NAIROBI, KENYA - An initiative called the Maker Movement at Kenya's University of Nairobi set out nearly two years ago to design effective, low-cost, locally sourced medical equipment that can improve maternal, infant and child health, and it has made great strides.

The work is important, because Kenya has to import much of its medical equipment and it can be quite costly. For instance, a conventional suction machine used to clear an infant’s airway after birth or during an operation can go for about $2,000.

But mechanical engineering student Joel Kabete and his classmates designed a machine that cost just $500 to make with a 3-D printer.

The project took two years.

"We use the local materials," Kabete said. "We can use the materials that we have now and come up with substances that can help not only the children but the society as a whole.”

Student Raphael Osoro was the brain behind a phototherapy machine, which took him six months to develop. The blue spectrum light emitted by the machine reduces the high bilirubin levels that cause jaundice in newborns.

Osoro noted that his machine cost a third as much as similar machines on the market, and it has been adapted for local needs.

“One unit should be used for one baby," he said, "but when you go to, for instance, Kenyatta National Hospital, they are putting three babies on one unit and the lighting is not effective. So we had to incorporate the size of around four babies and come up with this size.”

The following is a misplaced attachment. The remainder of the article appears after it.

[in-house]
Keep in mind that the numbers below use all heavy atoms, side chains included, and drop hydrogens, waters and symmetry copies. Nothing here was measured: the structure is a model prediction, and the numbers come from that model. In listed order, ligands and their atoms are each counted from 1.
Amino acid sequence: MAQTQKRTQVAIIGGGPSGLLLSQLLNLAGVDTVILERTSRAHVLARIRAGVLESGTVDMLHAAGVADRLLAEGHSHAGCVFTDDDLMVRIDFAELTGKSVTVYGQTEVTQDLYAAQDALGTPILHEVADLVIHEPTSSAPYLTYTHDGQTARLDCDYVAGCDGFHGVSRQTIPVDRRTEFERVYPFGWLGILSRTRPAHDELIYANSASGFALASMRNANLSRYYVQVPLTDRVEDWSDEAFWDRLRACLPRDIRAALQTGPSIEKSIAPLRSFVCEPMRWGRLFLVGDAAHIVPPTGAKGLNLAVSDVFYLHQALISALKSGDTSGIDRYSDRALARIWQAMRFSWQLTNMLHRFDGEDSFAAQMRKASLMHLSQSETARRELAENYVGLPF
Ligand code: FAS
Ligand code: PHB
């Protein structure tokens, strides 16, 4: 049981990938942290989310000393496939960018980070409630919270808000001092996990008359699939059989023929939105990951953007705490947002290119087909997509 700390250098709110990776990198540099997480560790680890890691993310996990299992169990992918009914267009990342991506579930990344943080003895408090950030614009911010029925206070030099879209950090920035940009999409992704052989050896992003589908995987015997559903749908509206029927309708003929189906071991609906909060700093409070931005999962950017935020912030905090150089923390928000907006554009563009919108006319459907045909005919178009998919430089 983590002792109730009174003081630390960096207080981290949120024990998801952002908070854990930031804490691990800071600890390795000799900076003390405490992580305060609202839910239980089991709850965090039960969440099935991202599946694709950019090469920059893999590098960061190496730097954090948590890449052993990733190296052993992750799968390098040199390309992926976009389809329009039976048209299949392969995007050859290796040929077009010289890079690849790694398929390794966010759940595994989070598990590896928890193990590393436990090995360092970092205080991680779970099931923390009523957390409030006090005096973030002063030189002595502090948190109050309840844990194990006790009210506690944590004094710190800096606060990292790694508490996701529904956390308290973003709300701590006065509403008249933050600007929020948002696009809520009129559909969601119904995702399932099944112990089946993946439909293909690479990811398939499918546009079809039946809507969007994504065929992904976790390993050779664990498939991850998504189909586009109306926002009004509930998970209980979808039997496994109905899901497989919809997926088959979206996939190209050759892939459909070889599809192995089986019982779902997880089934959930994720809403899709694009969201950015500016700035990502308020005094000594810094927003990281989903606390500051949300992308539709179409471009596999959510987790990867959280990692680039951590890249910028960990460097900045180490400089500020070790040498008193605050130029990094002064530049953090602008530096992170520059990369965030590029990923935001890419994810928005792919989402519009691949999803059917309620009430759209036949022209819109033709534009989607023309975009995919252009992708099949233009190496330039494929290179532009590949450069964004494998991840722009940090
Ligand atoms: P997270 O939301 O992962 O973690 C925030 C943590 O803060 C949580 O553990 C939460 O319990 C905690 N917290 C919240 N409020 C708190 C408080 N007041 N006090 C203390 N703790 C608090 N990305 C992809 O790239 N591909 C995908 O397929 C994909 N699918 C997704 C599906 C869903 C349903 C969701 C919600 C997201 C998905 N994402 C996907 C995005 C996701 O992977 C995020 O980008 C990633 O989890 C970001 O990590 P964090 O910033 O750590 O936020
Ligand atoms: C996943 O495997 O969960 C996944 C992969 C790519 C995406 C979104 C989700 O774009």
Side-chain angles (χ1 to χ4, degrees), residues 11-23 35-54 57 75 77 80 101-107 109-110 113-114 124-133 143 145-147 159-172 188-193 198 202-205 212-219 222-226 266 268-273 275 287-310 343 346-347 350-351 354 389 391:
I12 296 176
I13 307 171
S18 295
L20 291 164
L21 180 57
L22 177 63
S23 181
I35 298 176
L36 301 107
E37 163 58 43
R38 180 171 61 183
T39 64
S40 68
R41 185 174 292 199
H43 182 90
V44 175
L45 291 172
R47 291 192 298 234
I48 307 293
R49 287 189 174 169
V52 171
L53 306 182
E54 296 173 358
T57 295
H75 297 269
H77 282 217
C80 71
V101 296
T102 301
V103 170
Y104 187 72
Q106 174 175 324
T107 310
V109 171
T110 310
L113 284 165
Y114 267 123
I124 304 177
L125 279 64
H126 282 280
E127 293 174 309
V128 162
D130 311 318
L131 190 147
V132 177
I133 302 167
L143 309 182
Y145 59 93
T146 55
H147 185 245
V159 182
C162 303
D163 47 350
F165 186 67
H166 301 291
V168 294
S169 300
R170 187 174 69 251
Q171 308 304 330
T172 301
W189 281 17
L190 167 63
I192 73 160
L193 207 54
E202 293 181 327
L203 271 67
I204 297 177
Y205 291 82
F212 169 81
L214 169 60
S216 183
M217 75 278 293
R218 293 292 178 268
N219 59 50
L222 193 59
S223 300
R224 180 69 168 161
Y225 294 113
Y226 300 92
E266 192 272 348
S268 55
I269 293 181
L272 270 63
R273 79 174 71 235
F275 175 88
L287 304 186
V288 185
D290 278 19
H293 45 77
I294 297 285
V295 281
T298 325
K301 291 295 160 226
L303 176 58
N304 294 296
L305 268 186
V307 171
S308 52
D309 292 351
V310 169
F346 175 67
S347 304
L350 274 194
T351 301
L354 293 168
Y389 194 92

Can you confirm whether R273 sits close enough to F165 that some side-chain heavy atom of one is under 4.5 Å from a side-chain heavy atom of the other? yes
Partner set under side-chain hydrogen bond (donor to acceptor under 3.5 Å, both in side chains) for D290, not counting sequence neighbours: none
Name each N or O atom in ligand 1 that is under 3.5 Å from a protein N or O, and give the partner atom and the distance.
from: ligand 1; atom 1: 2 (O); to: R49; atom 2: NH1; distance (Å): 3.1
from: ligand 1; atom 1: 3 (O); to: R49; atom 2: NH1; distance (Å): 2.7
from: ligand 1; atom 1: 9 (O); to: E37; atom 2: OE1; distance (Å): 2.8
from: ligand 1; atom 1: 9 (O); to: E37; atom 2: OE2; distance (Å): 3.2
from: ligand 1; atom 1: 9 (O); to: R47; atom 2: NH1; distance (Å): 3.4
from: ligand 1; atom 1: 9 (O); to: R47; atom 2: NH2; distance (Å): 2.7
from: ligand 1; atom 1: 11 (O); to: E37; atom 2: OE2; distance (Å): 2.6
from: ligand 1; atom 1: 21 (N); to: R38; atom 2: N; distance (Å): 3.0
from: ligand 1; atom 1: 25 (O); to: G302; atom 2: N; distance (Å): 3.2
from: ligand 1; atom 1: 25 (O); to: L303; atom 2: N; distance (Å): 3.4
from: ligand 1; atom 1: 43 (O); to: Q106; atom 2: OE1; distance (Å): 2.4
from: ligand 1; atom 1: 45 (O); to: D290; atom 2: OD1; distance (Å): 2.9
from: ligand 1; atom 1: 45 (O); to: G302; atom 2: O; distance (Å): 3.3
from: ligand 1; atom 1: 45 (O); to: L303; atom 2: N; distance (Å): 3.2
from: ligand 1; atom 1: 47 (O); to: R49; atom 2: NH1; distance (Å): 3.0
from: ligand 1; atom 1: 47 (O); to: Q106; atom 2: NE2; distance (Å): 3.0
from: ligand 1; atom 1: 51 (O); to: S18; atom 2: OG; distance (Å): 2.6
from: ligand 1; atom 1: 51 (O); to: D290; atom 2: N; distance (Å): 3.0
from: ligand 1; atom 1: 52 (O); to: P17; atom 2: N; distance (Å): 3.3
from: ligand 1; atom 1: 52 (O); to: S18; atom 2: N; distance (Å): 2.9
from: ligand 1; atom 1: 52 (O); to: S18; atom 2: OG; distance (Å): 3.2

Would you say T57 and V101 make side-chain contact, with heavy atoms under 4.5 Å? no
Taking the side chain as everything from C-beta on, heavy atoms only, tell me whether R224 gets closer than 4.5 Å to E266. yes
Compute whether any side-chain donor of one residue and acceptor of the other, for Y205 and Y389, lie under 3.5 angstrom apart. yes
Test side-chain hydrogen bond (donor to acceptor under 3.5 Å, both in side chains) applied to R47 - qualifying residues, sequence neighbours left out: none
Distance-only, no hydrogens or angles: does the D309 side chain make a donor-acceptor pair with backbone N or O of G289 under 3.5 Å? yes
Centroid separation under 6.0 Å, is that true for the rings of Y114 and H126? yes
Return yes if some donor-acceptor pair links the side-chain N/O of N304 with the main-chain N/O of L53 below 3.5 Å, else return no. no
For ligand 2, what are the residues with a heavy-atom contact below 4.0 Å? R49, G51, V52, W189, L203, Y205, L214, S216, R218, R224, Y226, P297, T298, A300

Gates Foundation funding

The Science and Technology Park of the University of Nairobi partnered with Concern Worldwide, an international humanitarian organization, and Kenyatta National Hospital to develop the prototypes. The Bill and Melinda Gates Foundation is funding the project.

One component that's missing from the Make Movement project: female students.

“We have a problem in that we’ve got a lot of innovations that go on, but we don’t have enough women in science," said Richard Ayah of the Science and Technology Park. "We don’t have enough women in technology and also women in engineering coming through. And a lot of the problems we have in society are because of gender imbalances.”

The suction machine is already being reviewed by the Kenya Bureau of Standards, which will decide whether it can be approved for use. But there may be more challenges ahead.

“We don’t have the ready-made policy to support the research and innovation of medical devices," said Edwin Maina of Concern Worldwide. " … We are having challenges with ensuring that the highly skilled manpower is focused on innovating around medical devices.”

The student engineers are optimistic, however, and they are already working on more designs.